[gdal-dev] Is there an easy way to clip an image to the realdata?

Stephen Woodbridge stephenwoodbridge37 at gmail.com
Thu Jun 27 08:19:00 PDT 2019

Hi Lars,

Thank you for sharing your ideas and scripts. These will come in handy 
for the future.
For this project I took a different approach of creating a master tiff 
and then copying the data from each patch into that master tiff. It 
turns  out that this was pretty straight forward in python given that 
each patch is masked array and by inverting the mask I end up with a 
mask of the good data that I can conditionally copy into the master. So 
now I have one image with all the real data from 100+ patches which I 
was trying to get using a vrt.

Come to think of it, it might be possible to get the BBOX of the 
inverted mask, and then use that to slice the 2d numpy array and just 
output the sliced image. Something to play with later.

Thanks again,

On 6/27/2019 10:30 AM, lars.schylberg at blixtmail.se wrote:
> Hi Steve,
> Sorry for the late reply!
> I have some scripts that I developed this winter that contains a function
> to clip an image or images to the parts that only contains data.
> My aim was to create tighter tile indexes for Mapserver.
> I achieved good results for my use case.
> This will be one of the topics that I will present in my talk at
> FOSS4G in Bucharest in August.  I haven't yet prepared the details how to
> explain what I did.  But here we go:
> 1) First I retile the data to suitable size,
> 2) then check for empty tiles that I throw away.
> The function "trim_tile" is actually what You are asking for, I think.
> What I do in the function trim_tile is to use:
> 1) gdal_calc to produce a binary image where I have data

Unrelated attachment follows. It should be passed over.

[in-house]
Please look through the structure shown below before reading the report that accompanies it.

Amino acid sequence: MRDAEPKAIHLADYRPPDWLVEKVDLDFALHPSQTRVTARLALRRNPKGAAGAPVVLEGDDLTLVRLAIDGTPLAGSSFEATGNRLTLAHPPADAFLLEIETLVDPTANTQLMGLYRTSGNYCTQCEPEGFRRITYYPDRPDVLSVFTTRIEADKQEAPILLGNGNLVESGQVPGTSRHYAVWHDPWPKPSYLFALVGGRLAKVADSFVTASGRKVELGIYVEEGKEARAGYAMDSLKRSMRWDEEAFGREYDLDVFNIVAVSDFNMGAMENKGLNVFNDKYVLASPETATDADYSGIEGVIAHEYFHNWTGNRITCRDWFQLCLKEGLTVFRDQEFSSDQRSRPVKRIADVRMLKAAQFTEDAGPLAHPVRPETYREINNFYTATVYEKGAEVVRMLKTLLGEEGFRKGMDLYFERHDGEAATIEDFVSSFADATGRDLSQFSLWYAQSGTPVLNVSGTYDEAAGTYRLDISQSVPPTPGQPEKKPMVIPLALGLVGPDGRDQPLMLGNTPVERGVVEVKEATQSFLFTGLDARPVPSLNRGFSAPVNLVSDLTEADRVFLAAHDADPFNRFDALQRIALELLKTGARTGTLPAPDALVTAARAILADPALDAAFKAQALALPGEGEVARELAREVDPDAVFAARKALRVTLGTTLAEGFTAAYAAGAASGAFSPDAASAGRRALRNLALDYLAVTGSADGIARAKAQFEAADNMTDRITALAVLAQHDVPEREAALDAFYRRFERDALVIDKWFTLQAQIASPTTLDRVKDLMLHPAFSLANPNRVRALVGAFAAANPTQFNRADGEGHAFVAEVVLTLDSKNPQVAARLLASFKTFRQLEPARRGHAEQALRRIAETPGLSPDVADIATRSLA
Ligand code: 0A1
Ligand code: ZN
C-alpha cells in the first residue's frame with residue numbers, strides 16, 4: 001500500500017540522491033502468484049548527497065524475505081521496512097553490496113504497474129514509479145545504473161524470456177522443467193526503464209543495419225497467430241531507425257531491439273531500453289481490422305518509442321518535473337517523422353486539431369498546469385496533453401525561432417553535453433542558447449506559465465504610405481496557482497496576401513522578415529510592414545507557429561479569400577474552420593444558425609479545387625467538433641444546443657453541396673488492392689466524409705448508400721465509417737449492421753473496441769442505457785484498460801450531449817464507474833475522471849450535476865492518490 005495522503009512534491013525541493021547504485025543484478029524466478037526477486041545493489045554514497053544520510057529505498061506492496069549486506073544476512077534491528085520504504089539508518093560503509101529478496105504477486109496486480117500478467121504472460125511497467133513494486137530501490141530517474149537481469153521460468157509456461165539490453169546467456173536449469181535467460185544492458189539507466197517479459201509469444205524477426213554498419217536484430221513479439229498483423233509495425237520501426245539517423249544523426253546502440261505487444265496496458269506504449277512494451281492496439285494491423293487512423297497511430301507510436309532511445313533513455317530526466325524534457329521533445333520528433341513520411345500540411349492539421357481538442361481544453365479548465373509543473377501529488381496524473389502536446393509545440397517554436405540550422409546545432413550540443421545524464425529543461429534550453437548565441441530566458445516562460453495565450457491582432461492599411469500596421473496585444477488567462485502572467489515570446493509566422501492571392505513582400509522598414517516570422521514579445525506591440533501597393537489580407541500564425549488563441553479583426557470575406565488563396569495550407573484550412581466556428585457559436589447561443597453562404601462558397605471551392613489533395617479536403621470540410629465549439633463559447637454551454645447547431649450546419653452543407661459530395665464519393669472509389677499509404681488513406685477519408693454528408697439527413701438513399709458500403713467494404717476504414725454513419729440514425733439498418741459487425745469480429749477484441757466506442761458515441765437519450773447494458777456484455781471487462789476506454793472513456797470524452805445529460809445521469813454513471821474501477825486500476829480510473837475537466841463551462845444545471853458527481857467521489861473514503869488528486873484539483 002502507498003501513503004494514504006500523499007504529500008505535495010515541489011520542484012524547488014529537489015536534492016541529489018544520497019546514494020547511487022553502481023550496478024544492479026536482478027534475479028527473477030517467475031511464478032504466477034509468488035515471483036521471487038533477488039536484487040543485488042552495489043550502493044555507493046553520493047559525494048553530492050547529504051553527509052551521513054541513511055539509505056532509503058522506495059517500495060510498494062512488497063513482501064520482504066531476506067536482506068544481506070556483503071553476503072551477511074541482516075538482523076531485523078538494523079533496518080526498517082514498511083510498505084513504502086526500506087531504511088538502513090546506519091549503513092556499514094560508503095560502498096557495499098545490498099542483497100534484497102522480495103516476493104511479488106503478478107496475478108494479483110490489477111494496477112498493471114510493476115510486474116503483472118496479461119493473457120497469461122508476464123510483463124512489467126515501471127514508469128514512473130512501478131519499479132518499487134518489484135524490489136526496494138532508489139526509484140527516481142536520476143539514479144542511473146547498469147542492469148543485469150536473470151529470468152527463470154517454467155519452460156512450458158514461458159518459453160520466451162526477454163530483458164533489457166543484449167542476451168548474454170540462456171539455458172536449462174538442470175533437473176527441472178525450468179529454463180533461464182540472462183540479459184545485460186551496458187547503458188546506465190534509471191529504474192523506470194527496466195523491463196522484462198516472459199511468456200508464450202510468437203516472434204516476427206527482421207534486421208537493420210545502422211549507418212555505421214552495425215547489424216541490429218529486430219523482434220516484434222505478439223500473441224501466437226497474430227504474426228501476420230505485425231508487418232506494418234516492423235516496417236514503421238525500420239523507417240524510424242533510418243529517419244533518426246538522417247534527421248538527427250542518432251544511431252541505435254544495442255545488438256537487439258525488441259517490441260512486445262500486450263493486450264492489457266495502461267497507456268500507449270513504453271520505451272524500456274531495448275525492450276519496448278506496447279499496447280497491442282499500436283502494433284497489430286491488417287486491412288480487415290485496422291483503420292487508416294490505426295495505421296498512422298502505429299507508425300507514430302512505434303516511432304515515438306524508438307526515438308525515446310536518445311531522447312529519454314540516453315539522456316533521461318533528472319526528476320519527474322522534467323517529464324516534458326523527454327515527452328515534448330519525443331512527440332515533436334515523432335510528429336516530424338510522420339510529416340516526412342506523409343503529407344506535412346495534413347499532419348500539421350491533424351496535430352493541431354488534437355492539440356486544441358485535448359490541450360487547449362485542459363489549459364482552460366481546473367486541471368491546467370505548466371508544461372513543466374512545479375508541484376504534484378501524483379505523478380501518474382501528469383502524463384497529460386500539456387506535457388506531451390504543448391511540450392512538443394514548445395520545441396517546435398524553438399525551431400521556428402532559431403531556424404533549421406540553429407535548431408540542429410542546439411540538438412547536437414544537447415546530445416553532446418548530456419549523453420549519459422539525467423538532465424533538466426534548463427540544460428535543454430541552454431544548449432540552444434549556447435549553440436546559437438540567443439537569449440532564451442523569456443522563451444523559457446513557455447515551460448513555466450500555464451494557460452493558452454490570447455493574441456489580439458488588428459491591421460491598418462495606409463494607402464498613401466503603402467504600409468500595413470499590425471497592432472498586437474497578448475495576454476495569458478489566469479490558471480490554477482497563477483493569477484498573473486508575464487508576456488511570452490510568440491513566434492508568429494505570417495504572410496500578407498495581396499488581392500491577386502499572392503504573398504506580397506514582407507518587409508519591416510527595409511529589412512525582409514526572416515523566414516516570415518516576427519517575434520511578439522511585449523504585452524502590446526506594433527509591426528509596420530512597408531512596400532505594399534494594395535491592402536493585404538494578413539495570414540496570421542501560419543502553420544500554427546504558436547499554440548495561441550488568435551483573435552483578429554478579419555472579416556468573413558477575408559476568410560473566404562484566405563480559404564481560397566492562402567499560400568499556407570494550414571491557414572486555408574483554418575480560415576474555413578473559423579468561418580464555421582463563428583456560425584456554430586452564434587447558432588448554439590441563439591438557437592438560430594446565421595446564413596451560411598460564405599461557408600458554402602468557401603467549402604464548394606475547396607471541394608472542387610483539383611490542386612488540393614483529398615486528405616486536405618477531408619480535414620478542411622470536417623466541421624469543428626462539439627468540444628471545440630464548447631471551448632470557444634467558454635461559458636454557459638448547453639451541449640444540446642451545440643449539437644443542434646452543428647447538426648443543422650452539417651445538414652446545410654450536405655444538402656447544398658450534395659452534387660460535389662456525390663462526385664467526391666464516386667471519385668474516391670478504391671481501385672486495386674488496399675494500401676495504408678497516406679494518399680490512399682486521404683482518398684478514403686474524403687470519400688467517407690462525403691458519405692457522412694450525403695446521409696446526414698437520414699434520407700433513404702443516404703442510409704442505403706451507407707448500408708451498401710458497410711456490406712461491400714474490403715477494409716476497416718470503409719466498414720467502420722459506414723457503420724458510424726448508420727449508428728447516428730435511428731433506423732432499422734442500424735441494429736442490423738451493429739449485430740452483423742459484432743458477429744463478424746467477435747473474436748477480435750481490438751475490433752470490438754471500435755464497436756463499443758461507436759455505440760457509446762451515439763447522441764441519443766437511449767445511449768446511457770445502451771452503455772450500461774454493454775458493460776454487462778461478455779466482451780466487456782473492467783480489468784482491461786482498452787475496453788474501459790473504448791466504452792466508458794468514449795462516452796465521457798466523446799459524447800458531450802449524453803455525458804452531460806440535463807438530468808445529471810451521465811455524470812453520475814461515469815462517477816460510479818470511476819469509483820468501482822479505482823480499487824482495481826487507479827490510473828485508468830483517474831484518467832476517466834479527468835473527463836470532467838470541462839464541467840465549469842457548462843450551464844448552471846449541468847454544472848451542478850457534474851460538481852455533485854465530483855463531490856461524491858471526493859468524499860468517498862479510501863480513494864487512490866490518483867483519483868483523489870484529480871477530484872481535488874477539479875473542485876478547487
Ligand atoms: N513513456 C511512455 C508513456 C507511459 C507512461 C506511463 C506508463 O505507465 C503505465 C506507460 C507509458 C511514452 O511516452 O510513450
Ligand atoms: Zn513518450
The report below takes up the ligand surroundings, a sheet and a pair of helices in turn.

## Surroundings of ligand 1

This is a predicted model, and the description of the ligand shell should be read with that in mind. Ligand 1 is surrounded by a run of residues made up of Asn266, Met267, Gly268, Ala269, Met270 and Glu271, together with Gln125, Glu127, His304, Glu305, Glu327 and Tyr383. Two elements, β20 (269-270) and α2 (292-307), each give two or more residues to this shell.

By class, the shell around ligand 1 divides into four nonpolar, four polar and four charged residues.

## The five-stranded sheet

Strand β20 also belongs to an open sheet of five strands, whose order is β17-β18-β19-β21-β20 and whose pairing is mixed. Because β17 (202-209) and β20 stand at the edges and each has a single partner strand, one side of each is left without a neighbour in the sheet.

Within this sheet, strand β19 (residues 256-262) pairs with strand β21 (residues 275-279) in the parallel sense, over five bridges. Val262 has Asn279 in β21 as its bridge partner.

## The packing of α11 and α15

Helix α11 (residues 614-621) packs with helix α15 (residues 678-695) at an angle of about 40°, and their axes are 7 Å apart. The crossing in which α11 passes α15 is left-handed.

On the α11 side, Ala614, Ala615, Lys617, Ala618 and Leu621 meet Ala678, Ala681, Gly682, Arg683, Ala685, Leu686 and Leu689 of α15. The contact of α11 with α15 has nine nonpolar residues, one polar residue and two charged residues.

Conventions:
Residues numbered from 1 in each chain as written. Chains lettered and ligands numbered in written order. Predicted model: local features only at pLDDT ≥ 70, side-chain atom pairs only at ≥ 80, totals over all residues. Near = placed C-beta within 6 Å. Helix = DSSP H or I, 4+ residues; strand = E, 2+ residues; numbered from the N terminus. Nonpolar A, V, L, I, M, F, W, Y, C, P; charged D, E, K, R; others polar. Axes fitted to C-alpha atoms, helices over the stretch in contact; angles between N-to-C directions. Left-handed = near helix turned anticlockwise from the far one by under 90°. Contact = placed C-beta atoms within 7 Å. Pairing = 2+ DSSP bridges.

> 2) polygonize where data exists
> 3) compare extents
> 4) clip data with gdal_translate with projwin argument, if polygon extent is smaller
> All is done in a bash script, since it is my preferred language to do things fast.
> I use gnu parallel to speed things up. In my case I had 16 cpus in the server.
> Some versions of parallel requires the argument "--will-cite", others don't.
> I made my own bash version of retiling that keeps masks.
> Further notes is that the script is working on paletted tif 8 bit image.
> I have a version for rbg images also.  The main difference is that the
> empty image test looks like this in that case:
> STDDEV=$(gdalinfo $tile -stats | \
> 	sed 's/STATISTICS_STDDEV=//g' | \
> 	awk '{$1=$1;printf "%d", $1}')
> 	if [ "$STDDEV" = "000" ]; then
> 		/bin/rm $tile
> 	fi
> If You have tagged nodata values, those have to be removed with gdal_edit.py
> before You run statistics and then reaplied afterwards with gdal_edit again.	
> This might hopefully give some inspiration for you how to tackle your
> use case.
> The full script can be found here:
> https://gist.github.com/LarsSchy/9ecb31eb964dd83820c139b2f2769a7c
> Have fun
> Lars Schylberg
> 20 juni 2019 kl. 22:06, "Stephen Woodbridge" <stephenwoodbridge37 at gmail.com> skrev:
>> Hi,
>> I'm working with VIIRS L3U images of L2P (level 2 patches). The L3U data
>> is gridded to the +-180 x +-90 but the patch only fills a small
>> percentage of that. I'm compositing a the patch for a day using a vrt.
>> Performance is an issue because all the patches cover the whole globe
>> instead of the extents of the patch.
>> Is there a way to automatically clip an image to the extents of the
>> patch, where all the rest of the image it filled with nodata? IE. remove
>> all rows and columns from the exterior edges that are all nodata and
>> stop when you hit real data.
>> -Steve
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